Where To Buy an Orchid
Although you can find orchids at supermarkets and home supply stores these days, it is still best to purchase one from a plant nursery where the plants will have most likely received specialized care. A nursery may also have an experienced orchid grower on staff, who can help you choose the best orchid for the temperature and light level in your home.
How To Select an Orchid
Orchid Leaves and Roots
Wherever you end up shopping for your orchid, be sure to give the plant a good once-over before you purchase.
Orchid roots are relatively thick and fleshy for storing water and nutrients. Ariel roots are also often visible above the growing medium. These are covered with a layer of white tissue, called velamen, that acts like a sponge and protects the root from heat and water loss. The roots of the plant you select should appear firm and healthy, not dried up or rotted.
There are many leaf forms, depending on the type of orchid. An orchid may have thick, fleshy leaves, like Phalaenopsis, or thin elongated leaves, like Oncidium. Regardless of the leaf type, avoid plants that have yellowing or black-spotted leaves, which could indicate stress or disease.
Orchid Spikes and Blooms
When orchids bloom, most produce one or more flower spikes. These spikes are typically each an inflorescence composed of several flower buds that open first at the lowest point on the spike and progressively bloom to the tip (similar to how gladiolas bloom). The blossoms open over the course of weeks, and if the orchid has multiple spikes, the plant may bloom for months.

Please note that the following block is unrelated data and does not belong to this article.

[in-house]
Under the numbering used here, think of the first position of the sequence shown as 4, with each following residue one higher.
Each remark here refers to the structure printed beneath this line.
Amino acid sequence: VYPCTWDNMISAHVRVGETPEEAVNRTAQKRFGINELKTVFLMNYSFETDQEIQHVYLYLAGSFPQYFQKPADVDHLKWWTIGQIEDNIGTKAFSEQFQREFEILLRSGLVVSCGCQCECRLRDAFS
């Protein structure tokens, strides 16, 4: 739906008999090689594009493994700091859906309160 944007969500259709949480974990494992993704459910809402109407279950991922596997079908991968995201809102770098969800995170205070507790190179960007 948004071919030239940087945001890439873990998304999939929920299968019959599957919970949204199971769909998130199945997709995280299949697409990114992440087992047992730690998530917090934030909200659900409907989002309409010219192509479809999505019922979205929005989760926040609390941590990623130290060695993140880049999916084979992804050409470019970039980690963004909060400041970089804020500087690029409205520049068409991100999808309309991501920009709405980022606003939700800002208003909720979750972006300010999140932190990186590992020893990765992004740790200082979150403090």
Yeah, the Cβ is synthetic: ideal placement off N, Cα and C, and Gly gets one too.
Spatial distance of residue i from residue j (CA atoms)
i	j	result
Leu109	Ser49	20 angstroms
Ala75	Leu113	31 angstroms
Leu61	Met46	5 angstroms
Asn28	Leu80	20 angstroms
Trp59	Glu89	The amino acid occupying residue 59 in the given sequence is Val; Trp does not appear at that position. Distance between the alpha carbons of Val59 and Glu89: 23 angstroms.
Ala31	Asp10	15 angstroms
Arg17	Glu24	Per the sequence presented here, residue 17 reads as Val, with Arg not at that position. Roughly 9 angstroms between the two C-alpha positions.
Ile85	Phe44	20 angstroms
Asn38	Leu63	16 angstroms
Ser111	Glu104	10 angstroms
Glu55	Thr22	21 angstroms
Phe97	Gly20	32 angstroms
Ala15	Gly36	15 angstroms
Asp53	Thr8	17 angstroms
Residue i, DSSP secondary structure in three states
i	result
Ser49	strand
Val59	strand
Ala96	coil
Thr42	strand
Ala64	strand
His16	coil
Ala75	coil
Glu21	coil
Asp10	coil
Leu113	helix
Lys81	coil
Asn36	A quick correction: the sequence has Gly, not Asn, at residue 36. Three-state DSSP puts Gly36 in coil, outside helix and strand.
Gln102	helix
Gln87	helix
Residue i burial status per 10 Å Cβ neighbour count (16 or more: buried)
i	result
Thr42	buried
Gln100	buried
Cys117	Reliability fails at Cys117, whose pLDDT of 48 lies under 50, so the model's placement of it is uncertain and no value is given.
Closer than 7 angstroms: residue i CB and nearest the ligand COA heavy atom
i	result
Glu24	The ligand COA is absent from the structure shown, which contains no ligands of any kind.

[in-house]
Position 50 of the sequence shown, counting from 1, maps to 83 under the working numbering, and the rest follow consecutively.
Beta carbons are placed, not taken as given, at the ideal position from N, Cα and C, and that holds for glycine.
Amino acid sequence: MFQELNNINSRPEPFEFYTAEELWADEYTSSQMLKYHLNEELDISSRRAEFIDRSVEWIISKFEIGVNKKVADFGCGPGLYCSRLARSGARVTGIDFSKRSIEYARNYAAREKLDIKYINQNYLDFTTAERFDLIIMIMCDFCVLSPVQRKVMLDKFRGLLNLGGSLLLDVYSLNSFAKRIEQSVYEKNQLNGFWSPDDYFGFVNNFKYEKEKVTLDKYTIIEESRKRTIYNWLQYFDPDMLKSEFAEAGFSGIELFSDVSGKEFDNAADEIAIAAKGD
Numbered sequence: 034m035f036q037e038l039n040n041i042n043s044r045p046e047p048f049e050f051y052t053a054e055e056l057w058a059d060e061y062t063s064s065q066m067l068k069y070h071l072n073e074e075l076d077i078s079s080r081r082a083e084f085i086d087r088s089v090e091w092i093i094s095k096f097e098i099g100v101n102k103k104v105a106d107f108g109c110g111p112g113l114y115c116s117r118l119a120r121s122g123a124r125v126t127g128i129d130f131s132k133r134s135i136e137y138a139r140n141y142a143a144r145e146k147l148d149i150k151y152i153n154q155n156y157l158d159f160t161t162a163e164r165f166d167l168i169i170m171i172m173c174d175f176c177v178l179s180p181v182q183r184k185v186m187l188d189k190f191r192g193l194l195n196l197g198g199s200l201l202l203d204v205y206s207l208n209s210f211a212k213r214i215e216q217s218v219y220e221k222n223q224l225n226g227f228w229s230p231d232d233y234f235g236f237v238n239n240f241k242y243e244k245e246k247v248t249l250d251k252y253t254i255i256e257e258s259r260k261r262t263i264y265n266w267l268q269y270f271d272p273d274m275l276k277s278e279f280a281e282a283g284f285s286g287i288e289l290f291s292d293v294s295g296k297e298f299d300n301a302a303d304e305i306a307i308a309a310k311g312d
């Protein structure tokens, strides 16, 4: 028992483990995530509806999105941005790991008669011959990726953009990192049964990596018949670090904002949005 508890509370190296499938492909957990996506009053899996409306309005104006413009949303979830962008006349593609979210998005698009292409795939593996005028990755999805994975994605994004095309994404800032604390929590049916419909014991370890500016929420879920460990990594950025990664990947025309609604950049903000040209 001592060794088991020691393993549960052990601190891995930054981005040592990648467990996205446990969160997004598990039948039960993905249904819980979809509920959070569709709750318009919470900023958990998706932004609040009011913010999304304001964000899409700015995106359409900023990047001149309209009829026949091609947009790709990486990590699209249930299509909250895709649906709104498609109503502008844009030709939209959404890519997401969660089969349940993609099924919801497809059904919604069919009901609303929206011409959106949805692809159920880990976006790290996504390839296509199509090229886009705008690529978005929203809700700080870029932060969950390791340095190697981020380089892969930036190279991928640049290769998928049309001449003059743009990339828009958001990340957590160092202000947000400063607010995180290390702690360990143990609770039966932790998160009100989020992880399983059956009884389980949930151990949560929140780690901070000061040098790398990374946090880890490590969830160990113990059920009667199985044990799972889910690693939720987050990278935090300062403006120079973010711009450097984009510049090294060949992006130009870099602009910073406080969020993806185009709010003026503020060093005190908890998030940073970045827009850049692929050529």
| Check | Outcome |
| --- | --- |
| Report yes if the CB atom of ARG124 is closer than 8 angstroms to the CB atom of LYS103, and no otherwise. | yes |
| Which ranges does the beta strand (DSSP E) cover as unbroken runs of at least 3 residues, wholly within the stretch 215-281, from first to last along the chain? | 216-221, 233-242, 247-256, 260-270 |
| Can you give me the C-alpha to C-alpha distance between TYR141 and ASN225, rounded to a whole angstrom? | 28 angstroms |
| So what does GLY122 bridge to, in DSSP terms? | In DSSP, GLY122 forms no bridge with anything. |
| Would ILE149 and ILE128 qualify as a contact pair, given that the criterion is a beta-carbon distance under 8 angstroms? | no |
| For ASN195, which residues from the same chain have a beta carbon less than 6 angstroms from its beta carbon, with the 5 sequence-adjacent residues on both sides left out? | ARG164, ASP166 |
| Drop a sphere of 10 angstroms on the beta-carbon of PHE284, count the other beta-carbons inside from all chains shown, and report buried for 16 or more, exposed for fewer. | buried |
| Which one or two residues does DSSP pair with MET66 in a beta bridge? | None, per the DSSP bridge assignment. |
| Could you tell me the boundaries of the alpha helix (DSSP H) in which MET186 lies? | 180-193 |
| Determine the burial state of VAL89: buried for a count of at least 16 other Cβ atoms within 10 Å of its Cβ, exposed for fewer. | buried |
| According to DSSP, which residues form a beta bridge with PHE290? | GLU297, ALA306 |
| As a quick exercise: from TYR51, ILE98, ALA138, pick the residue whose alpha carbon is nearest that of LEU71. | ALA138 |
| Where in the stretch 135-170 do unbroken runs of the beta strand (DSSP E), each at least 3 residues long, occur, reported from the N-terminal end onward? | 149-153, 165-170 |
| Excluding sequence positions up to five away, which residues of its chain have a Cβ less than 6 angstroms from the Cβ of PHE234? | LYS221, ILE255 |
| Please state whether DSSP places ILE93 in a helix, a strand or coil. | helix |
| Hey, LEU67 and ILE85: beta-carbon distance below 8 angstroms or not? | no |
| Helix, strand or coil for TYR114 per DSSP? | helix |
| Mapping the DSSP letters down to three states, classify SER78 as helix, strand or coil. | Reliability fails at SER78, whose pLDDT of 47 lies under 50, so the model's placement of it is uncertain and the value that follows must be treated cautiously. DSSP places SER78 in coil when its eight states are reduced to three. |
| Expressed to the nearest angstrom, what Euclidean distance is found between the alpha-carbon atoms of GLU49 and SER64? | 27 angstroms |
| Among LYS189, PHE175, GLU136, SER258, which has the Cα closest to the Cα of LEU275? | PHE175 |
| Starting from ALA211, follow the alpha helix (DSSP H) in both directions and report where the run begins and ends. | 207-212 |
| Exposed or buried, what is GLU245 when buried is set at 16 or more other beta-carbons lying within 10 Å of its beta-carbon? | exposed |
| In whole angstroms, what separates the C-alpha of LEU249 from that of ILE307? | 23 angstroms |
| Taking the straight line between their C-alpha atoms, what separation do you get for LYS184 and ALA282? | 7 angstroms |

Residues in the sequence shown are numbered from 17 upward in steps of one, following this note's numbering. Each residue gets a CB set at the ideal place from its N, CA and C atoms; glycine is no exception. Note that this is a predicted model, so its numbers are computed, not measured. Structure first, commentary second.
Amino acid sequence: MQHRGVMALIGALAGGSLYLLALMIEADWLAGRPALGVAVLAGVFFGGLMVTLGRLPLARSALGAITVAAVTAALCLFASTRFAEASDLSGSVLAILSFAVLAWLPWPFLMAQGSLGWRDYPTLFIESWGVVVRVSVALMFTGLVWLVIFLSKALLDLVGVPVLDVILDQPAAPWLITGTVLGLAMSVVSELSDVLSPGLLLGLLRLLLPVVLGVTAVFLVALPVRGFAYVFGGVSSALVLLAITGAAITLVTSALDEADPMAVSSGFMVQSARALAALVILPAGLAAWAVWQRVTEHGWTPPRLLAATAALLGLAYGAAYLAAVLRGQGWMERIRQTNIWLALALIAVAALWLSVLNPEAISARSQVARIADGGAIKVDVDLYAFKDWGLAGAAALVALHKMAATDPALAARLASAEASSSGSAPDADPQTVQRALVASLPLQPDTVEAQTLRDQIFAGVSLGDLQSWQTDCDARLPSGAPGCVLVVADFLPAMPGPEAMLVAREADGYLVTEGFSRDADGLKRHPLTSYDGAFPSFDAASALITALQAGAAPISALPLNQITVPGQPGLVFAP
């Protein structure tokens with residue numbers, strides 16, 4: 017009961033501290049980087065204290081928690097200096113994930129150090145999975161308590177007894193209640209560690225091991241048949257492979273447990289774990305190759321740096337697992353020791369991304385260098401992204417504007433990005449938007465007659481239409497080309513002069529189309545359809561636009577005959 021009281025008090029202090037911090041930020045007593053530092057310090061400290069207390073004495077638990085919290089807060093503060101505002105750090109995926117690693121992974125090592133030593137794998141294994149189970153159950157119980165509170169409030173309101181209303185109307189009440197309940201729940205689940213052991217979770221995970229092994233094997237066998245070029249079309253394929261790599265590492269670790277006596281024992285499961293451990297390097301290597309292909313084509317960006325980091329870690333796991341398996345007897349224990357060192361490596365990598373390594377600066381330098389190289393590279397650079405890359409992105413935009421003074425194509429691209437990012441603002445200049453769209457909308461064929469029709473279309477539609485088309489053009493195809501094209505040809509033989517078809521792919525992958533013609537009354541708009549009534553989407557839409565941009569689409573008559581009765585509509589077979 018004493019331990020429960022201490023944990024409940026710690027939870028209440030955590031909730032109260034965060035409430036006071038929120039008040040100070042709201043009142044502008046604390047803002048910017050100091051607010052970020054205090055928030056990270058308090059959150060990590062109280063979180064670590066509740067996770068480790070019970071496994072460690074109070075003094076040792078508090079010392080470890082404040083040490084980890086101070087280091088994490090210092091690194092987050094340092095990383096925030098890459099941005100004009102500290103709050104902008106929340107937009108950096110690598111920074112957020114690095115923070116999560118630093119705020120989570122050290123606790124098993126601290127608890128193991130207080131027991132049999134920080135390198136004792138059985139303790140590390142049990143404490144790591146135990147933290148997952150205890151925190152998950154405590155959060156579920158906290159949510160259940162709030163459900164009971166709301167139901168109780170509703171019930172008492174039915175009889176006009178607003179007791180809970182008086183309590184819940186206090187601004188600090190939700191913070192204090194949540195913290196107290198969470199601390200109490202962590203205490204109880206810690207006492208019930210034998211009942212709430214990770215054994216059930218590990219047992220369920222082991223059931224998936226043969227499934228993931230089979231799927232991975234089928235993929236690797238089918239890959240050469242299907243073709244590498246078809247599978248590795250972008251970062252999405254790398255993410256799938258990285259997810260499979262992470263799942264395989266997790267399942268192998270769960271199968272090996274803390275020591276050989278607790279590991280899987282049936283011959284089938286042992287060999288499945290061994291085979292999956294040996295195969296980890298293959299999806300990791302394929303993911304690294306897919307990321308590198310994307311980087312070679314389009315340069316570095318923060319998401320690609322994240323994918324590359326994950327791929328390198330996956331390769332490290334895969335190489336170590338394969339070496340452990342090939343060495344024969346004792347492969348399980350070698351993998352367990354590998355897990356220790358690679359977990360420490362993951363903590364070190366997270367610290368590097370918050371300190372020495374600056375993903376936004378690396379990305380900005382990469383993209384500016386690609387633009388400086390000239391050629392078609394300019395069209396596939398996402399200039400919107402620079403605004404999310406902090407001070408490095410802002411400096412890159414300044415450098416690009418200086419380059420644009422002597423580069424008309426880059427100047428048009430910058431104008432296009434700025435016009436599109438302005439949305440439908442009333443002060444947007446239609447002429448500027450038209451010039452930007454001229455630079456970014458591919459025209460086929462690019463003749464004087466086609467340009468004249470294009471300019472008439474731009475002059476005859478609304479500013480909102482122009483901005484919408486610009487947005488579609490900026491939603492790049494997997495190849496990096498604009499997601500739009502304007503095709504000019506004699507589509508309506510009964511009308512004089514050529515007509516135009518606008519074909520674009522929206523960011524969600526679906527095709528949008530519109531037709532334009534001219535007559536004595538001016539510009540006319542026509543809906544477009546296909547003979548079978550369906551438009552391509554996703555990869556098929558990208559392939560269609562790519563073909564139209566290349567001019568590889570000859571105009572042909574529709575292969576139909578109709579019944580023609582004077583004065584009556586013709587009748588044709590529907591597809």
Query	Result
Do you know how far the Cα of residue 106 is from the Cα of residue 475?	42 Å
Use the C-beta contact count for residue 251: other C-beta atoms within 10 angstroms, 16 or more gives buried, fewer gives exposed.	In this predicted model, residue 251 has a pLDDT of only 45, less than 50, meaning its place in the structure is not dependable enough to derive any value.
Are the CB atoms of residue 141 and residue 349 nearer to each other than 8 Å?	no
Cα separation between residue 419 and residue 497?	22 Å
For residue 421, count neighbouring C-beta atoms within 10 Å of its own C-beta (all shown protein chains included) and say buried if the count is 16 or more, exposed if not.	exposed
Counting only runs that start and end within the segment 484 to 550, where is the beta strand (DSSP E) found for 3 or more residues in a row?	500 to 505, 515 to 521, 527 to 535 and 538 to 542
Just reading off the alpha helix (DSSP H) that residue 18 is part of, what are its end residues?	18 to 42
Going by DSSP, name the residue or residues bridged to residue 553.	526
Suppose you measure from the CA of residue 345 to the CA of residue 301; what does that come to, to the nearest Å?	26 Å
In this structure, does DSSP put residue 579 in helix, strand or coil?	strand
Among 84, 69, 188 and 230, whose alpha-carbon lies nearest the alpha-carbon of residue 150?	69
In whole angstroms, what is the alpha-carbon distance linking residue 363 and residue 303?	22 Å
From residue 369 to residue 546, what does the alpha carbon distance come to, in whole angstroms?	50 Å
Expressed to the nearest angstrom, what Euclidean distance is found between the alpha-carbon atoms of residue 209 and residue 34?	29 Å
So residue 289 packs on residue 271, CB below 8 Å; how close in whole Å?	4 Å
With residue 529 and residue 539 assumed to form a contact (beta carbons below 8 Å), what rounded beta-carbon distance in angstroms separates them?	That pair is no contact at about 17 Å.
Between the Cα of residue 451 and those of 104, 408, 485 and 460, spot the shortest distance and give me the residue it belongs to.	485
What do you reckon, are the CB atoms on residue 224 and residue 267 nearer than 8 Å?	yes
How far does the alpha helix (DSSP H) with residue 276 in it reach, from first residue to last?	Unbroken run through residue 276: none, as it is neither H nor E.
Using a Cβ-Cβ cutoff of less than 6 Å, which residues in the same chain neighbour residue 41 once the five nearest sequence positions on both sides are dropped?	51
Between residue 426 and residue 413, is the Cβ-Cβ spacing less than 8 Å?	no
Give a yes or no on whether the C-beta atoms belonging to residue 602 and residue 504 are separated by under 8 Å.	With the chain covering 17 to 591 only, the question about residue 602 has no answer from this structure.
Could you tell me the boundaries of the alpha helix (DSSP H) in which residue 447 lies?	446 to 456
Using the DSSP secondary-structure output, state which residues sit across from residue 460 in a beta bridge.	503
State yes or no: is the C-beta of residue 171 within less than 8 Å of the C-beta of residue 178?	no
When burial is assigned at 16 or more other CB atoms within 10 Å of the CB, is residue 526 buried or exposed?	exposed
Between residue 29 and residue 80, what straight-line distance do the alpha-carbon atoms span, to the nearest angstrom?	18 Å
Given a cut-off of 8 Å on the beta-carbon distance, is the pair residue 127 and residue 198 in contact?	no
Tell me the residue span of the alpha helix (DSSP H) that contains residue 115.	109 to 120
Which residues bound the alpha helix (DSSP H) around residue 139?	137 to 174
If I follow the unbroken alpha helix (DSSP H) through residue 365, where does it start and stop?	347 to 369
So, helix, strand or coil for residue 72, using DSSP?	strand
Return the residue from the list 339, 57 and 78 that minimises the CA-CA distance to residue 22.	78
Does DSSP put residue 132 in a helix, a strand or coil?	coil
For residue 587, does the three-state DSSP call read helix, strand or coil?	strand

Choose a plant with multiple flower spikes and mostly unopened blooms. The gorgeous plants that are in full bloom at the store are nearing the end of their colorful show, and the blossoms will soon wither and die.
The Best Orchids for Beginners
Novices should start with members of the following genera, since these are the simplest orchids to grow and the most forgiving: Phalaenopsis, Paphiopedilum, Dendrobium, and Oncidium.
Orchids have specific needs for humidity, temperature, air movement, growing medium and water. But don’t get overwhelmed, see the Orchid Article Series for all the basics. Orchids are generally very forgiving and it’s not difficult to keep them alive long enough to stumble upon the perfect combination that will reward you with a breathtaking floral display.
But don’t lose heart if your first orchid is not a success. Even if your orchid never flowers again, having a new orchid bloom in your house for weeks before it expires can still be considered an economical and beautiful orchid bouquet.
Additional Gardening Information
You can supplement your knowledge with one of the many excellent articles, books and web sites devoted to these amazing plants, including: American Orchid Society (AOS), Ortho Books: All About Growing Orchids and the Beginners Guide to Orchids by Geoffrey Hands.
To learn more about container gardening in general see the article Container or Backyard Gardining.